McDonnell Douglas F-4S Phantom II Military Plane at Flying Leatherneck Aviation Museum

Plane Details

Plane: F-4J (S) Phantom II
Manufacturer:  McDonnell Douglas 
Unit: VMFA-134
Tail Code: MF

F-4J (S) Phantom II History

F-4J BuNo 157246 was delivered to the US Navy on January 10, 1969 and assigned to Fighter Squadron
114 (VF-114), home based at NAS Miramar, and deployed to Southeast Asia for combat over Vietnam.
After a tour with VF-213, also at Miramar, it was reassigned to Marine Fighter Attack Training Squadron 101 (VMFAT-101) at MCAS Yuma where it was used in the training of crews for the Fleet Marine Force squadrons.

In 1980, it was transferred to MCAS Kaneohe Bay Hawaii and served with Marine Fighter Attack Squadron 235 (VMFA-235) and VMFA-232. In November of 1983 it was reworked into an F-4S. It was stricken from the inventory in 1986, and transferred to the Museum. It has been restored in the markings of VMFA-134. This aircraft is on loan from the National Museum of the Marine Corps.

Description Story:

Mission: Support the Marine Air-Ground Task Force commander by destroying surface targets and enemy aircraft, day or night under all weather conditions during expeditionary, joint or combined operations.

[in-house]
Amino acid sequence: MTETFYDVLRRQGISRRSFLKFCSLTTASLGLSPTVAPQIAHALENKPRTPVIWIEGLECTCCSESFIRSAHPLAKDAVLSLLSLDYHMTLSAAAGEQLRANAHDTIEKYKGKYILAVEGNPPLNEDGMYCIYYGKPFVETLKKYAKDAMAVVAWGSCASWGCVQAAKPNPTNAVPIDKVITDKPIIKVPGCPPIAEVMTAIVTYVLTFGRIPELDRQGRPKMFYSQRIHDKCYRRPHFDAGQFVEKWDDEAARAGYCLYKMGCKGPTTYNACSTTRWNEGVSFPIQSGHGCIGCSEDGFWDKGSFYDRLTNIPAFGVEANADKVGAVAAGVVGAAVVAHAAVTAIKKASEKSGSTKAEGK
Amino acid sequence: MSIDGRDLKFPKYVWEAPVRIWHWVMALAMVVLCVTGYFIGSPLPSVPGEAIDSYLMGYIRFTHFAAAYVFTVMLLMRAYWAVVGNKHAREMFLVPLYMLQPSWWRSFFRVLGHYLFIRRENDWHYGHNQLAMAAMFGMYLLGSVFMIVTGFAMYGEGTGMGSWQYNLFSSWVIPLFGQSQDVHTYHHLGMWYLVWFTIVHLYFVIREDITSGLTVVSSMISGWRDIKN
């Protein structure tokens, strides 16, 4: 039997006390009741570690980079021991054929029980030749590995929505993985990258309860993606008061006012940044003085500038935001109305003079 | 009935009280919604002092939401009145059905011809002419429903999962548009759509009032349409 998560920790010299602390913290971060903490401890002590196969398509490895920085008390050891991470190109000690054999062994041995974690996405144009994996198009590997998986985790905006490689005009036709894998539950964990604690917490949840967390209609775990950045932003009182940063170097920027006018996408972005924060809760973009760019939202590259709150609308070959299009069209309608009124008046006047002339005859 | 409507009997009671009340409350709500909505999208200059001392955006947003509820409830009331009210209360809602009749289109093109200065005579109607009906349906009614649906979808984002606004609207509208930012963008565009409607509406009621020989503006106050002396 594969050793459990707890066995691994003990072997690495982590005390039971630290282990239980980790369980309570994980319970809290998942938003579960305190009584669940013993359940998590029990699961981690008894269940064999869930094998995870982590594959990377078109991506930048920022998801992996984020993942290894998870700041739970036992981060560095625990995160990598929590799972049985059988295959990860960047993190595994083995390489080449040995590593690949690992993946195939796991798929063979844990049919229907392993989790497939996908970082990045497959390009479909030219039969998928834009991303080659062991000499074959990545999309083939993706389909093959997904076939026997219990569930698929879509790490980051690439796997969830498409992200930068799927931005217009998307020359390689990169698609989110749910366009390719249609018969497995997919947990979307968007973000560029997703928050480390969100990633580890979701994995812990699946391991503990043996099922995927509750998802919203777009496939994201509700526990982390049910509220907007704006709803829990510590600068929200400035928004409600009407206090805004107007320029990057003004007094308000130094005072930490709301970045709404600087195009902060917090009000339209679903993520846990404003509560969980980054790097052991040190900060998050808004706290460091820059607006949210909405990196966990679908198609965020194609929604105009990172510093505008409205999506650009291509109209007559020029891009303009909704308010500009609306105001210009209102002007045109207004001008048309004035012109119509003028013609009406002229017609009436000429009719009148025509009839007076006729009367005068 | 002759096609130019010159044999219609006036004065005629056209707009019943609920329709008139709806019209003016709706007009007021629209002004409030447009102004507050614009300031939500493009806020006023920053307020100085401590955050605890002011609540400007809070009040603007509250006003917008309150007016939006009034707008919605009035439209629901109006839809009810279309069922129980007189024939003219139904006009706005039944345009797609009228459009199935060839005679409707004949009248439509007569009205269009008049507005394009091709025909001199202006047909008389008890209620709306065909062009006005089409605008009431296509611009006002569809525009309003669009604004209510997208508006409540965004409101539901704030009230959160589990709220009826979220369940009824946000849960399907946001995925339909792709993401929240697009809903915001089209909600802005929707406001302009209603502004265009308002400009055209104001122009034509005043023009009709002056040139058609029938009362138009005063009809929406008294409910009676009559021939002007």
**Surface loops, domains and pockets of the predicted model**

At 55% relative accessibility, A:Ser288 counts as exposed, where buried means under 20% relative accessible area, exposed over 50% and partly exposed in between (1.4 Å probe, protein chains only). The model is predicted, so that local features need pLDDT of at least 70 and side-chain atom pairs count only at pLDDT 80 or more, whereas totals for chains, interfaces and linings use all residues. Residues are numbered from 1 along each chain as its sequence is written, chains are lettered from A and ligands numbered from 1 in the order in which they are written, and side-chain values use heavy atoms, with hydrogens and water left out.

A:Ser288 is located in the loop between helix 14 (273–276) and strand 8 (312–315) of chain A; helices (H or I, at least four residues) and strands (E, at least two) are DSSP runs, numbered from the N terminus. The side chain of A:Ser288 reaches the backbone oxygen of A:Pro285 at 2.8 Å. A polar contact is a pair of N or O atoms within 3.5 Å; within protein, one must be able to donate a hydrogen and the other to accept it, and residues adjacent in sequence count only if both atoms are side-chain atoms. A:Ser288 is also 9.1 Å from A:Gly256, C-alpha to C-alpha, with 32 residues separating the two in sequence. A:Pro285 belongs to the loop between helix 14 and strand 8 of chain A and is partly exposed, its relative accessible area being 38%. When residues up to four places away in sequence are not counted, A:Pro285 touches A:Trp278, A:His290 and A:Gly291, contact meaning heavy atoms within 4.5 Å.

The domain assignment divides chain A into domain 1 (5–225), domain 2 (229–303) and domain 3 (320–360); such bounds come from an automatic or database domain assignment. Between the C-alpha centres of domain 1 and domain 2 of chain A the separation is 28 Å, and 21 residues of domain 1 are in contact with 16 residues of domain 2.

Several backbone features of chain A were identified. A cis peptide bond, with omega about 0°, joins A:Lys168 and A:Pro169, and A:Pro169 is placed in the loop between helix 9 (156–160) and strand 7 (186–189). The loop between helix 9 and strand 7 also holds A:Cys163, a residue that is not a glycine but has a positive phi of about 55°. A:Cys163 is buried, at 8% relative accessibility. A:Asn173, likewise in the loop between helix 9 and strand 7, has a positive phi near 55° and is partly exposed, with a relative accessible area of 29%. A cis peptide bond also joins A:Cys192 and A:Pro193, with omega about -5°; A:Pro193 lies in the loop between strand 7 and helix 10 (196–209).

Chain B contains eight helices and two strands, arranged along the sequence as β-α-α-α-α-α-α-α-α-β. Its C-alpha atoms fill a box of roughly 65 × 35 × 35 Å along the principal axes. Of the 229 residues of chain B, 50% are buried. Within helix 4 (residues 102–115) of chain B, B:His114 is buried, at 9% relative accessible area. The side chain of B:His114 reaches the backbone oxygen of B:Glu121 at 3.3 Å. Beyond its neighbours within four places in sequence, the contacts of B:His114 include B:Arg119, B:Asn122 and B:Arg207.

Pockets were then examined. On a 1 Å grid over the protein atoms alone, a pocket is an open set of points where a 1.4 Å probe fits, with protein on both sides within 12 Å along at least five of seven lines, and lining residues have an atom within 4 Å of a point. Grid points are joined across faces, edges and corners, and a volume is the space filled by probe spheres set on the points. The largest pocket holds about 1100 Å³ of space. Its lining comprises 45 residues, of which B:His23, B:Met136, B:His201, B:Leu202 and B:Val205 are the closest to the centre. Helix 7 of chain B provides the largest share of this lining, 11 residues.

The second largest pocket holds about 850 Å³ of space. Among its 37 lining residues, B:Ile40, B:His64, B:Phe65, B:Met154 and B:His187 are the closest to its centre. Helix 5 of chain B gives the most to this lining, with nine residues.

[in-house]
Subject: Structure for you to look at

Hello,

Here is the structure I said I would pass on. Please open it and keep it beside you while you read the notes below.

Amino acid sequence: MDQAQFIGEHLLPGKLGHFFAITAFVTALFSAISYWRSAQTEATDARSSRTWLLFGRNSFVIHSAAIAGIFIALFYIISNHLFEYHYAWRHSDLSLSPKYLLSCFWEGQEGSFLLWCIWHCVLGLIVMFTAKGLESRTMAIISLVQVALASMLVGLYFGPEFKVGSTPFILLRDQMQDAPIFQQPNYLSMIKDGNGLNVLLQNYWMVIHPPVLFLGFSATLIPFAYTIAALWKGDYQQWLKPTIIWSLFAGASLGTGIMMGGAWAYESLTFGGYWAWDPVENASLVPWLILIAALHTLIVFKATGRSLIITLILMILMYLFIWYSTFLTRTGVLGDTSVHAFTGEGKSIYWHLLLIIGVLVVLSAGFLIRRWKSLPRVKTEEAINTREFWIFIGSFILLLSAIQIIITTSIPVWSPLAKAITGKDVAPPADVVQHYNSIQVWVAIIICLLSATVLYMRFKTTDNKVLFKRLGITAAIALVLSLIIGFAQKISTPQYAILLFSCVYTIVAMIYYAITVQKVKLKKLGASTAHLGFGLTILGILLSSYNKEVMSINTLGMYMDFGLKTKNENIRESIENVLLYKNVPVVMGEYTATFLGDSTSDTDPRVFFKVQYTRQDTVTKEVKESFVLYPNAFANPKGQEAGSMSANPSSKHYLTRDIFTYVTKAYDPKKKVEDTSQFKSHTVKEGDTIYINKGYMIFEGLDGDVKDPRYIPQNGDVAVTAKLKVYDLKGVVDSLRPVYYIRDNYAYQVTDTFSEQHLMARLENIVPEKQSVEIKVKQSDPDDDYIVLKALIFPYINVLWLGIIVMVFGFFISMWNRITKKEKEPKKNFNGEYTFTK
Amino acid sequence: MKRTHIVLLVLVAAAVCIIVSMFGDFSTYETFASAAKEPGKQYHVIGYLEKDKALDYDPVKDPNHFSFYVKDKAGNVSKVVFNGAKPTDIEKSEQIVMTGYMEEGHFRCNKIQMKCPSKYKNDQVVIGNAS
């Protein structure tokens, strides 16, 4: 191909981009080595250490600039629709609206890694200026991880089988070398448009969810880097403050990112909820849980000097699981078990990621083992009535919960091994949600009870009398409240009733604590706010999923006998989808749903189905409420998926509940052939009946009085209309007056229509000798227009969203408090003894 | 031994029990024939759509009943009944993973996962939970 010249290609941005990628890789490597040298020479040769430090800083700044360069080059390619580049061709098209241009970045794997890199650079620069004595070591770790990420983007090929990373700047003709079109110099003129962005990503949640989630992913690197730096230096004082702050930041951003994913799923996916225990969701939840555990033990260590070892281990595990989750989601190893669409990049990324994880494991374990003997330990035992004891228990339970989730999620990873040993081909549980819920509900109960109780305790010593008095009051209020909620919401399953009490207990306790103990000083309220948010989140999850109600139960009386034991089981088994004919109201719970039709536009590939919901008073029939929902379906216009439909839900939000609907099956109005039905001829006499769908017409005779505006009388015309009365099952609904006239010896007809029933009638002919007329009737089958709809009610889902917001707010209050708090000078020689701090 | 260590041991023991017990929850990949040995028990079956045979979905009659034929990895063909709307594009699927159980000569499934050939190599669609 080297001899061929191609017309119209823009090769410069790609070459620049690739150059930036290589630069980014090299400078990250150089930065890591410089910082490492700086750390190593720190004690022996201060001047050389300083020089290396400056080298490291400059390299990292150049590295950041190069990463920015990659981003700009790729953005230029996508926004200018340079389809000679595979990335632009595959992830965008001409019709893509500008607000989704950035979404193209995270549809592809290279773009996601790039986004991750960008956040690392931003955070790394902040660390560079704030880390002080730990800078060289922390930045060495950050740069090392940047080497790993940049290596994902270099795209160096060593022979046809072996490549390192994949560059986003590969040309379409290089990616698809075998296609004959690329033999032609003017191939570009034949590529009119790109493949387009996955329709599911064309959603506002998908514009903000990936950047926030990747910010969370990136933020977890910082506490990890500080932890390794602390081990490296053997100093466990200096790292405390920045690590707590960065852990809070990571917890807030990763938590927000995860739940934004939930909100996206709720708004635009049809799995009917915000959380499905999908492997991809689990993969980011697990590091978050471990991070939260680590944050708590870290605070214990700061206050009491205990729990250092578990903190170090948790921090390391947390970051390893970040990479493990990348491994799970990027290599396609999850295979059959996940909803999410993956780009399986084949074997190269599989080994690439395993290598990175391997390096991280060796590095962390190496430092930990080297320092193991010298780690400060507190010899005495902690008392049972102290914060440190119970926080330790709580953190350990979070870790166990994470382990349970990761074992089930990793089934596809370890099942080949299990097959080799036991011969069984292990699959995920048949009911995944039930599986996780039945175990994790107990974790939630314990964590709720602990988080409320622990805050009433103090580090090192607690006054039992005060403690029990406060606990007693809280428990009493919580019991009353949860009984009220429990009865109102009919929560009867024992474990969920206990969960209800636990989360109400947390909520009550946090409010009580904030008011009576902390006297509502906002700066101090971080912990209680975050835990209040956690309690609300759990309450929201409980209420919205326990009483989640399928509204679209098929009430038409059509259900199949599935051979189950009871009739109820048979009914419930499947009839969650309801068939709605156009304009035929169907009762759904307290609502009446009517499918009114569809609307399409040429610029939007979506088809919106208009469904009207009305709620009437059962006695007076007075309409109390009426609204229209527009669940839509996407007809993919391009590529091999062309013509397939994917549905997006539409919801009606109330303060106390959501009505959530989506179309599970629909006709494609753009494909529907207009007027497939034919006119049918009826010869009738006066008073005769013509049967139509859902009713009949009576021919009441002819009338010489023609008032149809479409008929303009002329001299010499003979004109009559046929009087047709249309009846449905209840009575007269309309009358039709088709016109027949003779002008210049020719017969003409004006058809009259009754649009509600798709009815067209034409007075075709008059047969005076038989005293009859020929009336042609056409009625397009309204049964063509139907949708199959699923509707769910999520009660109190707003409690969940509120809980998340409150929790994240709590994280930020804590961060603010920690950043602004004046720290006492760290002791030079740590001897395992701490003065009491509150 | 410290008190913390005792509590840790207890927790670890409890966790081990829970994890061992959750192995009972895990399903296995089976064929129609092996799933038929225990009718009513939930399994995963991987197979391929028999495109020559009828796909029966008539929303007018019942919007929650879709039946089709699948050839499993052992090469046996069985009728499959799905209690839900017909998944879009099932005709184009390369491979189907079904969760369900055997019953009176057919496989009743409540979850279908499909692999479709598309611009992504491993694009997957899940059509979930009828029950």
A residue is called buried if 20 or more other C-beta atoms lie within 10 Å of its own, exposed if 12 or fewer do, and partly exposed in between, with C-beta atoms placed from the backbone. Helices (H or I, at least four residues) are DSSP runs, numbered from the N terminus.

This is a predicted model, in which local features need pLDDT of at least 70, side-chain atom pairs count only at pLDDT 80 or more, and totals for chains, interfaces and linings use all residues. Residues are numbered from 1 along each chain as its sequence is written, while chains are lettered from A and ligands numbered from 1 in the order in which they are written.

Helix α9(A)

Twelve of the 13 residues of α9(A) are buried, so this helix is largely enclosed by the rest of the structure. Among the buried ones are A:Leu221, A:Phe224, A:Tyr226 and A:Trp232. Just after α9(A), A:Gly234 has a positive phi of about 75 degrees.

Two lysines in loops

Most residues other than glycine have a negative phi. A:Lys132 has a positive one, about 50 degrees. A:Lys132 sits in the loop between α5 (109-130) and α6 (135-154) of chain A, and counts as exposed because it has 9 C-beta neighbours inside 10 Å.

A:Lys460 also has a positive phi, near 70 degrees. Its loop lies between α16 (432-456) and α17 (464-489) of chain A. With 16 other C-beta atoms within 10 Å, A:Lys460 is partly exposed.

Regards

Model Notes:The Marine Corps received its first Phantom II, the F-4B, in June 1962. The F-4J was the final version of the Phantom II produced for the Navy and Marine Corps. It was an improved version of the F-4B and flew operationally for the first time in 1966. This version of the Phantom was constructed between 1966 and 1972. Because of increased weight and thus more demanding sink rates, the F-4J was fitted with sturdier landing gear which required modifications to the inner wings. In 1977 the F-4J was modernized to the F-4S standard with smokeless engines, extra structural reinforcement, and leading-edge slats for improved maneuverability. These modifications reduced required aircraft maintenance by 25 percent.

F-4J(S) Service in the United States Marine Corps– The F-4J served in fighter-attack squadrons in both active and reserve Marine Corps units throughout the 1960s into the early 1990s. In the early 1980s, these squadrons began to transition to the F/A-18 Hornet, starting with the same squadron that introduced the F-4 to the Marine Corps, VMFA-314 at MCAS El Toro, California. On 18 January 1992, the last Marine Corps Phantom, an F-4S in the Marine Corps Reserve, was retired by the "Cowboys" of VMFA-112, after which the squadron was re-equipped with F/A-18A Hornets.

Specifications F-4J(S) Phantom II

Wingspan: 38 ft 4 in
Length: 58 ft 3 in
Height: 15 ft 8 in
Empty: 31,745 lb
Combat: 42,640 lb
Gross: 56,000 lb
Performance (Combat load/fighter configuration)
Max speed: 830 kn at sea level (956 mph)
Rate of climb: 35,200 fpm at sea level
Ceiling: 36,089 ft
Range (ferry): 1,490 nm
Armament: Up to six AIM-7E Sparrow III missiles or four AIM-7E and four AIM-9B or –9D Sidewinder missiles. Up to 16,000 lb assorted ordnance on five external hard points
Crew: Pilot and radar intercept officer



McDonnell Douglas F-4S Phantom II Leatherneck Aviation Museum